A bronze plaque commemorating Ennis at the same site had previously been unveiled by John Gormley, Lord Mayor of Dublin, on Tuesday, 1st November 1994, during the inaugural Séamus Ennis Festival (Féile Shéamuis Ennis), a week-long Finglas celebration that included the renaming of a local road in Ennis’s honour. This earlier commemorative plaque was designed by Finglas sculptor Leo Higgins and stonemason Bobby Blount.

If you would like to learn more about Séamus Ennis, there is an essay on his life in the book History on your Doorstep, Volume 2. Six more stories of Dublin history (Dublin City Council, 2019), available at all branch libraries. Photo by Paddy Cahill. You can also watch the presentation by Dr James Curry, Dublin City Council historian in residence, which is part of a Plaques of Dublin online lecture series.

Fallon, Richard – Garda

Located at 24 Aran Quay, Dublin 7, D07 W620, this plaque honours Garda Richard Fallon, who was killed in the line of duty on 3rd April 1970.

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On the morning of 3rd April, 1970, three armed men robbed the Royal Bank of Ireland, Arran Quay, Dublin. On arrival at the scene Garda Fallon, with two colleagues, Garda Paul Firth and Garda Patrick Hunter, were confronted by the raiders. As the Gardai moved  towards them all three of the raiders fired repeatedly at the Gardai. Garda Fallon attempted to arrest the gunman nearest to him when he was shot by one of the other raiders and was fatally wounded.

The plaque was unveiled on 22nd July, 2020.

Four Courts Garrison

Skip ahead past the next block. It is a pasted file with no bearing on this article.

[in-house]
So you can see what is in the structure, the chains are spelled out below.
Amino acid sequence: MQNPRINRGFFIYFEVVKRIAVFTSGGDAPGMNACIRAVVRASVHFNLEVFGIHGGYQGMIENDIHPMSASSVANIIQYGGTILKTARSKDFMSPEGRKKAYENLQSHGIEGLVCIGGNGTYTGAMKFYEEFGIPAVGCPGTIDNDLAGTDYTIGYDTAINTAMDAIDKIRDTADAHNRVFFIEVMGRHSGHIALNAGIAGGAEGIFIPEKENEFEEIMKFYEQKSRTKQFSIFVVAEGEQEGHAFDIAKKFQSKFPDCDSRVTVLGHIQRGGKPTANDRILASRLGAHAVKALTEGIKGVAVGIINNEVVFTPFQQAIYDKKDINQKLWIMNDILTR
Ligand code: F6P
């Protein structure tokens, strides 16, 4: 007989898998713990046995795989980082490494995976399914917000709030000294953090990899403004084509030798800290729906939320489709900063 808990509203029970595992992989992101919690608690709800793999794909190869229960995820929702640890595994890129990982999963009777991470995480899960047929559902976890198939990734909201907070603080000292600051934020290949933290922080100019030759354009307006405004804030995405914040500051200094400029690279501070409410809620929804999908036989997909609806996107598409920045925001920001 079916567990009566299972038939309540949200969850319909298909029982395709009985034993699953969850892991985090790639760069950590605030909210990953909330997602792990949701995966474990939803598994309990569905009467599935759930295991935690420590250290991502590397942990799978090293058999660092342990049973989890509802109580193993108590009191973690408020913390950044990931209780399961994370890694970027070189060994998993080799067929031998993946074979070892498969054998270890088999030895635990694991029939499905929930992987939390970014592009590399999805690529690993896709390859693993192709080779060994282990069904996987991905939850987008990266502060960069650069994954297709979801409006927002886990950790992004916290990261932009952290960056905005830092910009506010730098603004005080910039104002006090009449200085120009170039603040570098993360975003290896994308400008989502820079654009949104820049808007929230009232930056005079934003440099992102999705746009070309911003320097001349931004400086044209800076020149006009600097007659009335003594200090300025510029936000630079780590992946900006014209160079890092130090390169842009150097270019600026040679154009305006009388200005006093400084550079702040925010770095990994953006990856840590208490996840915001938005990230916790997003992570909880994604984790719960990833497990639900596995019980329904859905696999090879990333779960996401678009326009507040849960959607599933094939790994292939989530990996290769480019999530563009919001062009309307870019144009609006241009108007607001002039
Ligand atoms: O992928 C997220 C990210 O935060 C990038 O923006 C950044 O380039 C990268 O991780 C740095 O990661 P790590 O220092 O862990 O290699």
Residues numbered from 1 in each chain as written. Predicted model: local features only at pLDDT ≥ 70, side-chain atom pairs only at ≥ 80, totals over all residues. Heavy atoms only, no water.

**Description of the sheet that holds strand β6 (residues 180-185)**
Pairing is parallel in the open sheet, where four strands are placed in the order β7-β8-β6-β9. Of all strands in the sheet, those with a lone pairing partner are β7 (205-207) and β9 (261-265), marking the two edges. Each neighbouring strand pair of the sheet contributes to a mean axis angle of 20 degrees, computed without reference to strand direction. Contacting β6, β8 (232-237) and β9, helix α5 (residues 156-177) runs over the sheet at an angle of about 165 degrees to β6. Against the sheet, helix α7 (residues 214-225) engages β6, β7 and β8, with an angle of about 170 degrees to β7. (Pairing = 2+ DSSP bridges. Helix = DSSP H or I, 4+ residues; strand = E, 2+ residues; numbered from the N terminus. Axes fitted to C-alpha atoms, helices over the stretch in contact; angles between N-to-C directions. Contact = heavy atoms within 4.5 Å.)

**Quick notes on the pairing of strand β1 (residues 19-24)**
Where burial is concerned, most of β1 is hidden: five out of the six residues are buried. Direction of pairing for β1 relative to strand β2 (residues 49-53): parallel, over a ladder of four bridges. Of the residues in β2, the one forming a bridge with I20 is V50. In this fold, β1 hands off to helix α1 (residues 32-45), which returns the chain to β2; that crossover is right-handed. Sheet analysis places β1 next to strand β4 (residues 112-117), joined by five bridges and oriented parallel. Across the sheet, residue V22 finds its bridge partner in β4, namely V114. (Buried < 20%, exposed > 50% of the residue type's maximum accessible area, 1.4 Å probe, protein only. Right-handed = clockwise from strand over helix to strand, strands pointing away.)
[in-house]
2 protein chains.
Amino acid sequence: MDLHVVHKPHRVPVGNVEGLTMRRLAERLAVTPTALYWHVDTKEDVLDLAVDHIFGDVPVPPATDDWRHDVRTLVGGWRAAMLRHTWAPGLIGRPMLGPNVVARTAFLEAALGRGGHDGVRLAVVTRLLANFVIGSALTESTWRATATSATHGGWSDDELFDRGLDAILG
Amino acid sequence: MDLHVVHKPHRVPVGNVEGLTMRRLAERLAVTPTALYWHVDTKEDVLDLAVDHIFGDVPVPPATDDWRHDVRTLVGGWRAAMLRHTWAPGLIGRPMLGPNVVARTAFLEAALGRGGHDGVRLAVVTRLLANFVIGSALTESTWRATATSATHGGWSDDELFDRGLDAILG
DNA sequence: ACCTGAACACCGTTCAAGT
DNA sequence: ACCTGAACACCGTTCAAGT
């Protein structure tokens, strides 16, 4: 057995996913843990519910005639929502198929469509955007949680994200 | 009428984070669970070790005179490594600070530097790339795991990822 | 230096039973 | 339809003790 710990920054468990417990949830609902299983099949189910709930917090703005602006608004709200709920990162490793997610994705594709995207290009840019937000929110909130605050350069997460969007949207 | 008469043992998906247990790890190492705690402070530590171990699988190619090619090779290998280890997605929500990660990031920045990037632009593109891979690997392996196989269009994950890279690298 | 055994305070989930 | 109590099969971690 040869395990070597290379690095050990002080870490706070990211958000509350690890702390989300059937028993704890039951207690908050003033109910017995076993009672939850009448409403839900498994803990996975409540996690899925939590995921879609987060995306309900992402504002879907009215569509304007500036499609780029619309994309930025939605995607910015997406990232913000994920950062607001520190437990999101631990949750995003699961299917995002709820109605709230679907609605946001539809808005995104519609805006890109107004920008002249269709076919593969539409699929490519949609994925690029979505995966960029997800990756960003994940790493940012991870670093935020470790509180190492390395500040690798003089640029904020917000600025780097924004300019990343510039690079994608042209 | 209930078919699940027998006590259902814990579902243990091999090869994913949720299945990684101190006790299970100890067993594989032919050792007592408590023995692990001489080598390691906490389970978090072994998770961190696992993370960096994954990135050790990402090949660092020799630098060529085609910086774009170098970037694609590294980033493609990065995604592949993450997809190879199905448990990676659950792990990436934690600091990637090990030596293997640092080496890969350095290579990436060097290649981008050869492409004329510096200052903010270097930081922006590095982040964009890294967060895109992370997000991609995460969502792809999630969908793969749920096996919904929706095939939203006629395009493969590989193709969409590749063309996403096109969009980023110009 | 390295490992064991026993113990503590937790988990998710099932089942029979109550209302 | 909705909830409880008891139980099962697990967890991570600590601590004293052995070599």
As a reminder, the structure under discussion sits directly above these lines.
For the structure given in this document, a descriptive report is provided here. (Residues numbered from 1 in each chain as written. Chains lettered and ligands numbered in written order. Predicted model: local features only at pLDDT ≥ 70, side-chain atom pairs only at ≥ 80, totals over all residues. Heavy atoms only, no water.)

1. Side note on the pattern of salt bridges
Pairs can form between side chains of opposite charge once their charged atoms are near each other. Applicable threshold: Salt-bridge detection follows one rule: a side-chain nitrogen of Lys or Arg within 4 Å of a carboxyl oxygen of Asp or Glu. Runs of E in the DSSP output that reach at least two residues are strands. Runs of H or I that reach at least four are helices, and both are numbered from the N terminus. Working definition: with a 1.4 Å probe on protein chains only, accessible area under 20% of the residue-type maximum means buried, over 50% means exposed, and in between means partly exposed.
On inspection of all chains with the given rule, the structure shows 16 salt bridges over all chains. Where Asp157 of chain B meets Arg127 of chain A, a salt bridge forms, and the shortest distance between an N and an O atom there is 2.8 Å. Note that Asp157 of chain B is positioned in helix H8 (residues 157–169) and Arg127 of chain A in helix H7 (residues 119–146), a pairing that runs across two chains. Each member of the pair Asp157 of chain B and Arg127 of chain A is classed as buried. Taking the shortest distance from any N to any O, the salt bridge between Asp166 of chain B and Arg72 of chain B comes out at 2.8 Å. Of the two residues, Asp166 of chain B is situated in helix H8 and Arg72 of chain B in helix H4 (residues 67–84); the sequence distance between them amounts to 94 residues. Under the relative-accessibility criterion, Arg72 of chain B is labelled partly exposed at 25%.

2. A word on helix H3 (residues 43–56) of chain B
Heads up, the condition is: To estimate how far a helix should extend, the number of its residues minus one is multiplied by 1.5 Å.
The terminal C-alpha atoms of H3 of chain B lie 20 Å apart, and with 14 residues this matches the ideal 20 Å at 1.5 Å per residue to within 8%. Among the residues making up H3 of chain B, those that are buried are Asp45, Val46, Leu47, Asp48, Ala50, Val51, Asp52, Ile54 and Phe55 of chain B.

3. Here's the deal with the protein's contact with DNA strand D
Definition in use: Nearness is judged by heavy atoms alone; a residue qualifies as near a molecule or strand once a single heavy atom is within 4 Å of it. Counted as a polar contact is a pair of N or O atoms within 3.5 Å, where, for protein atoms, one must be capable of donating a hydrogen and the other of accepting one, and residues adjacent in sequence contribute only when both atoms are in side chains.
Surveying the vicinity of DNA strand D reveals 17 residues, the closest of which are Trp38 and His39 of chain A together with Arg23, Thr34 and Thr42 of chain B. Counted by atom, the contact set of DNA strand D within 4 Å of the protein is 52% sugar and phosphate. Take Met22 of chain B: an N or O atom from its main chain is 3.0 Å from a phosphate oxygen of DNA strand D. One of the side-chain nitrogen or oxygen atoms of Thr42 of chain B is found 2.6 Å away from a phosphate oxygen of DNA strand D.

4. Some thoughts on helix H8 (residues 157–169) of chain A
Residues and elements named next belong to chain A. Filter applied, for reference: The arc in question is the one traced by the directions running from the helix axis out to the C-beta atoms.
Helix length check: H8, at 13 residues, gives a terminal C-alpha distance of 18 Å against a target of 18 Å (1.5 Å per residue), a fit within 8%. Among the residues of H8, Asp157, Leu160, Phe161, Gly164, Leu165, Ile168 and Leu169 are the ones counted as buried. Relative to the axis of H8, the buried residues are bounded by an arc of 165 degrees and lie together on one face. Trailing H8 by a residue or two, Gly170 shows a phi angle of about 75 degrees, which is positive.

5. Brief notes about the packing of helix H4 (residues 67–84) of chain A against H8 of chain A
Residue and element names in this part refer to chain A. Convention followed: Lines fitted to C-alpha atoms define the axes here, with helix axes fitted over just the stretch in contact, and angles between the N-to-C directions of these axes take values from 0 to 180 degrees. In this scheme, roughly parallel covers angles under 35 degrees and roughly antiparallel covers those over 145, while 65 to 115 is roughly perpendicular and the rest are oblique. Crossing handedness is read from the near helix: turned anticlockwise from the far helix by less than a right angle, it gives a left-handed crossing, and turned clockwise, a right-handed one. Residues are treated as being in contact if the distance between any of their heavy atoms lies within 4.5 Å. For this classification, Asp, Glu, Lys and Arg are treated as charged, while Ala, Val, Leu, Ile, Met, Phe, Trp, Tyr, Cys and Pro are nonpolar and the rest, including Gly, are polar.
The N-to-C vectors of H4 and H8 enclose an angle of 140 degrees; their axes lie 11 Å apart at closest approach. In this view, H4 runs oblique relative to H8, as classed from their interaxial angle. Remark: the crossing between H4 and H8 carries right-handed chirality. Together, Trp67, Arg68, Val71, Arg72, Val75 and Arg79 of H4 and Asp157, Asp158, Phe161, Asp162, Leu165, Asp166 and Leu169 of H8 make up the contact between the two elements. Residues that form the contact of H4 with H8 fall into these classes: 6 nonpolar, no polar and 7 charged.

Located at the Capuchin Mission Office, Church Street, Dublin 7, D07 NNH4, this plaque commemorates the Four Courts Garrison.

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It is one of several plaques erected during the 1916 Centenary year to mark the garrison sites around the city, and to honour those who fought and died during the Rising.

The plaque was unveiled by Lord Mayor Críona Ní Dhálaigh on 12th July, 2016.

Guinness Barge, last sailing

On Friday, 23rd July 2021, a Dublin City Council commemorative plaque honouring the last operational sailing of a Guinness Barge down the River Liffey was unveiled at Victoria Quay, Dublin 8, by the Deputy Lord Mayor of Dublin Joe Costello.

VIdeo presentation about the Guinness Barge plaque by historian James Curry.

This replaces an earlier plaque which was sponsored by Guinness and erected in 1992 by the Inland Waterways Association of Ireland, but since disappeared.

The new plaque unveiling ceremony was hosted by Deputy City Librarian Brendan Teeling, with Councillor Vincent Jackson also speaking on behalf of Dublin City Council’s Commemorative Naming Committee. The event’s other speakers were Jim O’Riordan (Chairman of Inland Waterways Association of Ireland) and Eibhlin Colgan (Guinness Archive Manager).

The last sailing of a Guinness barge from Victoria Quay to Custom House Quay took place on the evening of Friday, 23rd June 1961. For almost ninety years the brewery’s barges had been a familiar sight along the Liffey, transporting wooden barrels of Guinness to cross channel steamers stationed near the Custom House. One of the barges is mentioned in James Joyce’s novel Ulysses as omitting “a puffball of smoke” from its funnel as it passes under O’Connell Bridge.

Those wishing to learn more about the plaque and the story of the last Guinness Barge sailing along the River Liffey can watch the presentation below by Dr James Curry, Dublin City Council historian in residence, which is part of a “Plaques of Dublin” online lecture series.